LoBPThere are lots of places on the web to get insight on the sport. Between blogs, forums, and club-specific sites, you can almost certainly delve into something you’ve never thought about before on a weekly basis. And really, who doesn’t like getting unreasonably upset at another person for a very tiny reason from time to time (looking at almost any forum on LoBP (ALL HAIL).

WRITE AN ARTICLE FOR A WEBSITE!

Okay, so maybe this is just me, but I think there are lots of very smart people in bike polo, and there are lots of websites that are looking for smart people to give their opinions. The open word document is universally accepted as work in the western world, so why not subvert the system and write up a polo blog post? Send it out to 321, GOALHOLE, Boston bike polo or any of the other great polo sites out there. Chances are high that the folks there will read and publish your work (if it’s worth a damn), which will give more voices to the sport and give you some time to really think about polo.

I MEAN I NEVER DO THAT, RIGHT? I’M WRITING THIS FROM MY HOUSE YESTERDAY EVENING.

First Look: FBM Ballista

FBM Ballista (11)

Last year, custom polo bikes were all about the sudden and urgent shift to 26” wheels.   Polo specific frames were popping up left and right aimed at the smaller, slightly more agile wheel size, while the 700c crowd was left with a choice between the MKE Bruiser….and……the MKE Bruiser.

It (finally) feels like the steam from the 26” revolution has slightly cooled, and we’re finally starting to see support for those preferring the speed and familiarity of the larger wheel.   FBM stepped up to the plate early with their FGFS Sword frame, which was fairly well received as a workable polo frame, and then really got people excited with the release of their all new Ballista frame, a prototype of which was seen under the asses of Koyo Maeda and Evan George of Assassins fame.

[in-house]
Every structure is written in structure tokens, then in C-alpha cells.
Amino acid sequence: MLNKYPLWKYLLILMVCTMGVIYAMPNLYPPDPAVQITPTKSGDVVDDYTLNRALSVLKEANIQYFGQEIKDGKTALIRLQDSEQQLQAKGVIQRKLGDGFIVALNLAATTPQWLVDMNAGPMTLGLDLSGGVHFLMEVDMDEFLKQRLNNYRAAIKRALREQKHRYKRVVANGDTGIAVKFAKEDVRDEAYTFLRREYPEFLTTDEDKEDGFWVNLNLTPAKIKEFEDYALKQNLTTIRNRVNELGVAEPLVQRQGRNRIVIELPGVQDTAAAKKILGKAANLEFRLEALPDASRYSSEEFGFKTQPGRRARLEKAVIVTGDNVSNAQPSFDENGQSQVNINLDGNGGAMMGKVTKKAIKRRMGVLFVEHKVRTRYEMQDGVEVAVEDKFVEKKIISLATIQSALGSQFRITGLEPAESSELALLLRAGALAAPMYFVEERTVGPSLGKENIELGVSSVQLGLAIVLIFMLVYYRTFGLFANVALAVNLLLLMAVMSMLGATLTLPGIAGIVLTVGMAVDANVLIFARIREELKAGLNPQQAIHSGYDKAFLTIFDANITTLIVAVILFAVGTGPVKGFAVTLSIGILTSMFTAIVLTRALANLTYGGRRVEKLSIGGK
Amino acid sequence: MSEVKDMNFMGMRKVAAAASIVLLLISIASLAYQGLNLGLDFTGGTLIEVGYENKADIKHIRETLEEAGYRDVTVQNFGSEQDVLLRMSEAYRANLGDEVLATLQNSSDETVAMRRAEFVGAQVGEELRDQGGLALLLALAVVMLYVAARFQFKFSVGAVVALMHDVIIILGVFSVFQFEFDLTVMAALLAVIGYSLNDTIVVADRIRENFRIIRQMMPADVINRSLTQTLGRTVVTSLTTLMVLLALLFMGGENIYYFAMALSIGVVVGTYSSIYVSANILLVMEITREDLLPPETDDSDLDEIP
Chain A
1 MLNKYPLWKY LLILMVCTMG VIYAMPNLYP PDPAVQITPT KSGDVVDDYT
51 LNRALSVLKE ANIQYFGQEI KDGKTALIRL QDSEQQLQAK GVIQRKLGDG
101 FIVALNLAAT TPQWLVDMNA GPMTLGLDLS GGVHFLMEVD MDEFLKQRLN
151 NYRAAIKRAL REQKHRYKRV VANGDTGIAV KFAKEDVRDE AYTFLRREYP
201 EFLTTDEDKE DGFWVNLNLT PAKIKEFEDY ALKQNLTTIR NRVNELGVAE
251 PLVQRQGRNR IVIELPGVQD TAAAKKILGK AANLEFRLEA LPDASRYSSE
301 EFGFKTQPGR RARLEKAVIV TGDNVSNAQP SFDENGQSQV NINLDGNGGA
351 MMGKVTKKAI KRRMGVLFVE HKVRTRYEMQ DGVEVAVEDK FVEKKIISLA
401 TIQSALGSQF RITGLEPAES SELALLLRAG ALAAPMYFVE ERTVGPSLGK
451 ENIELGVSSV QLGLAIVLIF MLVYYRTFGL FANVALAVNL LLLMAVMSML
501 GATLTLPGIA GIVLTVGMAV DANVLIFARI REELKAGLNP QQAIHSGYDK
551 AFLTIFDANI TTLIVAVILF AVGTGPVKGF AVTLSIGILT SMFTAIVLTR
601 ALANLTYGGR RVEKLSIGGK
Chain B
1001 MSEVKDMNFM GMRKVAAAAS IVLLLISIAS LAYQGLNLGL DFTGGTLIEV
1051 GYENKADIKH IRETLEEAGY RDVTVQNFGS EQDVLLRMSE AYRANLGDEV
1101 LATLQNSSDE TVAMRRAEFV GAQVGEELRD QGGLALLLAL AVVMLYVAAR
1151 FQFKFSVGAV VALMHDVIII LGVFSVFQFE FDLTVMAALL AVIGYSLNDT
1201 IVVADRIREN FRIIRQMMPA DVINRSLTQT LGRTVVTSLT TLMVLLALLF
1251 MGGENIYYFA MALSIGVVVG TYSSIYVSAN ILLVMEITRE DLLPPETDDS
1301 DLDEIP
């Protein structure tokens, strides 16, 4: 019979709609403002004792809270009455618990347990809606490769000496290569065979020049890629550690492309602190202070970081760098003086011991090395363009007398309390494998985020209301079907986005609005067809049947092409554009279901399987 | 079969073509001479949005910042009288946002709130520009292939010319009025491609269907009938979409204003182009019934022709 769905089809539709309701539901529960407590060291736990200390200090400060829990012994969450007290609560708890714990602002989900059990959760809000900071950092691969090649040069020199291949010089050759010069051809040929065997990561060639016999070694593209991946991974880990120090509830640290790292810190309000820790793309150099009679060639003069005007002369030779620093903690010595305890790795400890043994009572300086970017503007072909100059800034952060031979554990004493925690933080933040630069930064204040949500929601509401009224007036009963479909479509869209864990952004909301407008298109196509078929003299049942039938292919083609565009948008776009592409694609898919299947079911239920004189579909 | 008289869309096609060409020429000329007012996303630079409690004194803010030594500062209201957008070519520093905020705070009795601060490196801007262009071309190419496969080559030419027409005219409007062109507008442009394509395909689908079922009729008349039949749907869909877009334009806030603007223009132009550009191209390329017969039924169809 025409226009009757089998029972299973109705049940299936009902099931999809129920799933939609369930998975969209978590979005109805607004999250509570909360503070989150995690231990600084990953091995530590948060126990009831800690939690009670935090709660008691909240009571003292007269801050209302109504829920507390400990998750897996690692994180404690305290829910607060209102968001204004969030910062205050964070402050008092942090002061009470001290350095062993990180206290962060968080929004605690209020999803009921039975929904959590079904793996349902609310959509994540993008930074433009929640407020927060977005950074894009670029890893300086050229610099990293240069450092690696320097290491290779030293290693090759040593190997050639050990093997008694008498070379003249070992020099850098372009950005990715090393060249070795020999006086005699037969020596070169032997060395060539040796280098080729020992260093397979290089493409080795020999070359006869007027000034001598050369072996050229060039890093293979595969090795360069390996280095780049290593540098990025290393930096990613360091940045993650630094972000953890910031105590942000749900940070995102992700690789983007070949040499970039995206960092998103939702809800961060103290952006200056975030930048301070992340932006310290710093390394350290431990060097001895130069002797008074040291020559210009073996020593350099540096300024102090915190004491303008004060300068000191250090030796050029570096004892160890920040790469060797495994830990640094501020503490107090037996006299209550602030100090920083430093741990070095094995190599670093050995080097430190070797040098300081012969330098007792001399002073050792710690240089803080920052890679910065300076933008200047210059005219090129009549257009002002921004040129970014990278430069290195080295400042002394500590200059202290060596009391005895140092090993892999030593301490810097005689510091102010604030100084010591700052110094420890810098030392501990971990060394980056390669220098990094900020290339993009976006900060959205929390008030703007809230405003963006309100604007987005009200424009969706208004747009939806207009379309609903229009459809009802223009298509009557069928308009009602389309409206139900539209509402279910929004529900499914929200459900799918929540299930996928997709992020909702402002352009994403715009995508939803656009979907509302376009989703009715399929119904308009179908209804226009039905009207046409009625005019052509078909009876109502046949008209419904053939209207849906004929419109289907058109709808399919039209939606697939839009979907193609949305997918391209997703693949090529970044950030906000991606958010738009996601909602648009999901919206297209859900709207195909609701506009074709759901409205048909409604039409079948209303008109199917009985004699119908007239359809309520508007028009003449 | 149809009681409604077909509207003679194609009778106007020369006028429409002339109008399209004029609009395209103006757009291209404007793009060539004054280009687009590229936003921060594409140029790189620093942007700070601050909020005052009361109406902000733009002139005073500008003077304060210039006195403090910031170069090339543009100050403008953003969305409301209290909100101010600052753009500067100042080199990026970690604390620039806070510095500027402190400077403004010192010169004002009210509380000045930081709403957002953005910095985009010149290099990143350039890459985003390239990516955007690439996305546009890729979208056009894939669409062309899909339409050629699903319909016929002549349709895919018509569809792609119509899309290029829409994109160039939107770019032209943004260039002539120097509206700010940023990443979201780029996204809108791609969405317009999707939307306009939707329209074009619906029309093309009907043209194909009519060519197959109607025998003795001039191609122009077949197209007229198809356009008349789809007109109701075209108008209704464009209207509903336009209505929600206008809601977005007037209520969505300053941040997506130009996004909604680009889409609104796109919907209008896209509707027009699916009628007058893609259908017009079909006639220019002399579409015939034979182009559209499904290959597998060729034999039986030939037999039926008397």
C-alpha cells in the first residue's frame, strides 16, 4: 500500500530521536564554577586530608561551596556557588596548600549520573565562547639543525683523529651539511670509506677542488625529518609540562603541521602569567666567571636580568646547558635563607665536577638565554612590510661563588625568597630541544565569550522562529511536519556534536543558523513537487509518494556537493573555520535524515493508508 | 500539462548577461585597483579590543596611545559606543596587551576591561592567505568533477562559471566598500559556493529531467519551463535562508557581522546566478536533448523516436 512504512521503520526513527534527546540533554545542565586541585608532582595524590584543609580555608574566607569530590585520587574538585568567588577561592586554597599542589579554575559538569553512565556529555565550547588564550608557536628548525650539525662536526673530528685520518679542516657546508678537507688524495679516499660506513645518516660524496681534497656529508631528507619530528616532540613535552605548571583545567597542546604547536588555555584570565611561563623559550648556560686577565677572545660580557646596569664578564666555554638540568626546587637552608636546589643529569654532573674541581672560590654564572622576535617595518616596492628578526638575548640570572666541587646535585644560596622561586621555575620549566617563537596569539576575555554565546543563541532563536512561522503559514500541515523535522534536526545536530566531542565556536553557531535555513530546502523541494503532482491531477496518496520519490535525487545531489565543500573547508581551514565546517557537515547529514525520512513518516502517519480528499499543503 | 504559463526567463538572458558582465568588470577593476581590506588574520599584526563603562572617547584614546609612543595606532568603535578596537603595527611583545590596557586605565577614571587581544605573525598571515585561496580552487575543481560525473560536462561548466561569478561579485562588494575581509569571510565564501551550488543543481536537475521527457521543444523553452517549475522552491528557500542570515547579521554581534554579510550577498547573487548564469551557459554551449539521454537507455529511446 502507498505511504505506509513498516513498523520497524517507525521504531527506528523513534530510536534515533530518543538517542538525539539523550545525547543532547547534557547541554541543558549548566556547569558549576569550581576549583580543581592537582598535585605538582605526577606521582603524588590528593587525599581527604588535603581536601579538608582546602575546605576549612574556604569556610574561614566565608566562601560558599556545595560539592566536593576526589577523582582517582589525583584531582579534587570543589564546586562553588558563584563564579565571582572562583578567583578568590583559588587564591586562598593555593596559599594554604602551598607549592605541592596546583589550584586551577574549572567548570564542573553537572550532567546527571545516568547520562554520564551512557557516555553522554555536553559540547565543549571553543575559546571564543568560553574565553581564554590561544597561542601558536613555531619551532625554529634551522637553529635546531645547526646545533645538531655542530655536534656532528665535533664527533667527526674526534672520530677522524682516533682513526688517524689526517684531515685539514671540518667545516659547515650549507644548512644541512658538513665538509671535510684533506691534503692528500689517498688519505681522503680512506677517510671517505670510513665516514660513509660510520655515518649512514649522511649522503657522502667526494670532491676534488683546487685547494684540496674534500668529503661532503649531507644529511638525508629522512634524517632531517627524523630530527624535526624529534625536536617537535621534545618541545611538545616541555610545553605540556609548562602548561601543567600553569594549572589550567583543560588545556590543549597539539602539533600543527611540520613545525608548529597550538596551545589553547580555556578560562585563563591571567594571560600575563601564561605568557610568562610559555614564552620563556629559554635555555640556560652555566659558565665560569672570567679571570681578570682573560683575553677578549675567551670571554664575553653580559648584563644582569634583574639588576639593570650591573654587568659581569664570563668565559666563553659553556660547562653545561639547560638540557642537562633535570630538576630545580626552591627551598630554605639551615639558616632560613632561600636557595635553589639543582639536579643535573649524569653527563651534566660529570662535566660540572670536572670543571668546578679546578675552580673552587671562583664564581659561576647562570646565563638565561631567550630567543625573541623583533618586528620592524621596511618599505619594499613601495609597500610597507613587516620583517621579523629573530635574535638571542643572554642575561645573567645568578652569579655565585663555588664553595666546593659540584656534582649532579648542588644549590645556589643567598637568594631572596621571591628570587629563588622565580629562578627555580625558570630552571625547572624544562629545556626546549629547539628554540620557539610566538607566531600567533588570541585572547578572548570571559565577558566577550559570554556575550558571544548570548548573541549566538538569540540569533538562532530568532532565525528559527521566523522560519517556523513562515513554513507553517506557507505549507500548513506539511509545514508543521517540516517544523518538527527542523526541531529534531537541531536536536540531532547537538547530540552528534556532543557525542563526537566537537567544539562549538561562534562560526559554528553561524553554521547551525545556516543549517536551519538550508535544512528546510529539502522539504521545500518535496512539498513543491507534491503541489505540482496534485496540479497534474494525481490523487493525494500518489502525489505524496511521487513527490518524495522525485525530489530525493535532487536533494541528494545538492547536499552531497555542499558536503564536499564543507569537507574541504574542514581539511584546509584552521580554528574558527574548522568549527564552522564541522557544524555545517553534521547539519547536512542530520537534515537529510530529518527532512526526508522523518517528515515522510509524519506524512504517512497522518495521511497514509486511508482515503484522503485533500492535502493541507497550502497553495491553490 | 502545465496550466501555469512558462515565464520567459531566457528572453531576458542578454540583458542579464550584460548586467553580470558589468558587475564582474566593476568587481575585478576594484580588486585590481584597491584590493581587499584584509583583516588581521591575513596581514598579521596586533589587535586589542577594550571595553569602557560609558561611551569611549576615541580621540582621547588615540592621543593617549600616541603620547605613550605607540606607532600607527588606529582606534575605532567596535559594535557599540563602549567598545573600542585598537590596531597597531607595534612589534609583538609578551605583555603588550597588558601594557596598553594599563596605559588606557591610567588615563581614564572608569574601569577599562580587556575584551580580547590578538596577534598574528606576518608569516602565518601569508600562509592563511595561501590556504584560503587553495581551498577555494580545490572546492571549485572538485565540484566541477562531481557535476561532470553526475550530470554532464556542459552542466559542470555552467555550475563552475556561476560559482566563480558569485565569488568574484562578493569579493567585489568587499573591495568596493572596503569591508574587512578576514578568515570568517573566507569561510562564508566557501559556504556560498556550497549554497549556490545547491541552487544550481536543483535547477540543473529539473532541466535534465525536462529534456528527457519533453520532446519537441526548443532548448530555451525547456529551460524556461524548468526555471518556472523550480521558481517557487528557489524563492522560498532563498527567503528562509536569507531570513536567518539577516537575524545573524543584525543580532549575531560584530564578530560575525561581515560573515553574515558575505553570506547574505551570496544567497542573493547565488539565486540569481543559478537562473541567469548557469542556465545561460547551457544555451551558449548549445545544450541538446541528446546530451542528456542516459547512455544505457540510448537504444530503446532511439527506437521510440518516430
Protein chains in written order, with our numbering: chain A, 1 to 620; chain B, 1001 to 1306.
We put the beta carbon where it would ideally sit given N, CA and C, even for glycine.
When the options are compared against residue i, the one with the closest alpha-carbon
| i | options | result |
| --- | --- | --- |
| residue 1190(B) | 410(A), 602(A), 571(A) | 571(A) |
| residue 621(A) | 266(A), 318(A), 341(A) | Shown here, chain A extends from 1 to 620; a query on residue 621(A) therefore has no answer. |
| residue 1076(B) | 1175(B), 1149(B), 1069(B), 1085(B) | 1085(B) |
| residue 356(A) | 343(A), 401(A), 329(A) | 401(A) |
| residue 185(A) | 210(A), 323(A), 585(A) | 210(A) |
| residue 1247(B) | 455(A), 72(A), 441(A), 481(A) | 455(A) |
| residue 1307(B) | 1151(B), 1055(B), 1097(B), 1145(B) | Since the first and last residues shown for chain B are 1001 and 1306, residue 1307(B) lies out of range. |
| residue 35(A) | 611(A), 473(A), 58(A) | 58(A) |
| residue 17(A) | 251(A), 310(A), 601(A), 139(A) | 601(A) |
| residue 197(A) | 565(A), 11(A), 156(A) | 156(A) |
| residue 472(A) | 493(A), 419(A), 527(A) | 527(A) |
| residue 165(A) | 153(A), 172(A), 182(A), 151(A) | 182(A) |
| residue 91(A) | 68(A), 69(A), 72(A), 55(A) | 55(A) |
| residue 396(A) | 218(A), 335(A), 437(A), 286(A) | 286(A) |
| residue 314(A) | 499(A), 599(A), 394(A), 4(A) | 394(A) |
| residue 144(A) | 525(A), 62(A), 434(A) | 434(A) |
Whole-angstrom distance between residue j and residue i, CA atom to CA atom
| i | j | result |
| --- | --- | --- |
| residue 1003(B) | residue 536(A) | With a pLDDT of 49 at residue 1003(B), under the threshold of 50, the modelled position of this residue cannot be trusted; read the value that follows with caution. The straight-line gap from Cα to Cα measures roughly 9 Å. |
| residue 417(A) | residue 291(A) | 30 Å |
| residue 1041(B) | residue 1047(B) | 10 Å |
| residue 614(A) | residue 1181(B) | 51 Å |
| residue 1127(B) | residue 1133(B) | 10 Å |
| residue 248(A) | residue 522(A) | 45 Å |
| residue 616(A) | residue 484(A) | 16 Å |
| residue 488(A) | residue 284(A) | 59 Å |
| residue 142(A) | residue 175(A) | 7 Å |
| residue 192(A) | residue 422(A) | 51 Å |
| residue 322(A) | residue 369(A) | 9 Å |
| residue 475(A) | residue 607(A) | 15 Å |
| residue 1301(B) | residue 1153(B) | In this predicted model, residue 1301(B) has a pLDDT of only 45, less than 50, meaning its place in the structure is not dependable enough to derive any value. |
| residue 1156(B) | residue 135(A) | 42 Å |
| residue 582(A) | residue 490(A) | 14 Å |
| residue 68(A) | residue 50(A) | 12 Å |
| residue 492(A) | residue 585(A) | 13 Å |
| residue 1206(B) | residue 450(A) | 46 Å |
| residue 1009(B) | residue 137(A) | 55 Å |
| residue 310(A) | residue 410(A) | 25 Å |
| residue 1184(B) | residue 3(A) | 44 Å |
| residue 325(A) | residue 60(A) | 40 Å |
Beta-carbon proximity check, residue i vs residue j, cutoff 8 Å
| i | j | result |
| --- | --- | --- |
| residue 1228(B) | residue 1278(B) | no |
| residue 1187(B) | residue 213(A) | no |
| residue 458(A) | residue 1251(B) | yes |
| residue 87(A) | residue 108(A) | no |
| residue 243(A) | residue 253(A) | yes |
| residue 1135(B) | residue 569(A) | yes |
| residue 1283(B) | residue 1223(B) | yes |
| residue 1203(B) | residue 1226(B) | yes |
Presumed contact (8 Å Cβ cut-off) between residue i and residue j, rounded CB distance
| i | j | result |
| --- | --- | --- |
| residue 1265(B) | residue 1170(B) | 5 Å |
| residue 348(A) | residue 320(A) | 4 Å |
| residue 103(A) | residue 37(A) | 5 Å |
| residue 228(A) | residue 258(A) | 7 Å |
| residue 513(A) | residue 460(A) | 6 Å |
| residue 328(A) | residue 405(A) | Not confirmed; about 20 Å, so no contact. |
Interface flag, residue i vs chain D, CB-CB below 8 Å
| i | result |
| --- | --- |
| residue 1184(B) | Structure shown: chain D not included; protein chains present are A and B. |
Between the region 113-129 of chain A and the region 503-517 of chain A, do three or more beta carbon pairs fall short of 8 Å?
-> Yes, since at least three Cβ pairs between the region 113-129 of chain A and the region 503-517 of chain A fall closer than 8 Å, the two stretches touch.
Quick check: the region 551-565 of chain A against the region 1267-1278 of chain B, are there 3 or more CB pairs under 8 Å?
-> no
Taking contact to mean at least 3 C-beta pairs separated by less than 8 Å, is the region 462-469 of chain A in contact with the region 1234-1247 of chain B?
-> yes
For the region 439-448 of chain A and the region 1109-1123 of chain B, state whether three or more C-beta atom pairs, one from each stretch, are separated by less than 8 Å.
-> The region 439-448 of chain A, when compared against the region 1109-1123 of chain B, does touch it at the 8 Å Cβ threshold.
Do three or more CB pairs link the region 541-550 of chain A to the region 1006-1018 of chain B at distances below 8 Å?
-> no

A production pre-order happened, monies were exchanged ($750 to be exact), and quite a few people (our own Jon Kokus included) waited not so patiently by the door for the big brown van to arrive bearing gifts.

Well, for some east coasters, Yesterday was that day!

Here is your first look at the 2014 FBM Ballista polo frameset.

 

2014 Eastside Thaw: A Reporter’s Diary, Day 2

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When I wake up, it’s to the gentle sounds of my phone’s impression of wildlife. From the point I lift my hand up to switch it off, my body is screaming in pain.

My fingers are swollen, my wrists won’t bend, my elbows feel like they’ve been shattered and my shoulders aren’t even pretending to be functional.

My neck is strained, by back aches, and my spine is a’screaming.

My legs are pretty alright, though.

So it’s in this state that I wake up the rest of those staying in the room: Kyle by shaking his shoulder, Horse by Kyle’s exclamations, and Yeager’s already up just by virtue of the noise everyone else makes. Then it’s a round robin of people trying to stretch and realizing their bodies aren’t quite into it, and then staring blankly at the wall or phones or anything and wondering if maybe not playing for 2 months makes the first tourney a bit hard to get through.

The answer, dear reader, is yes.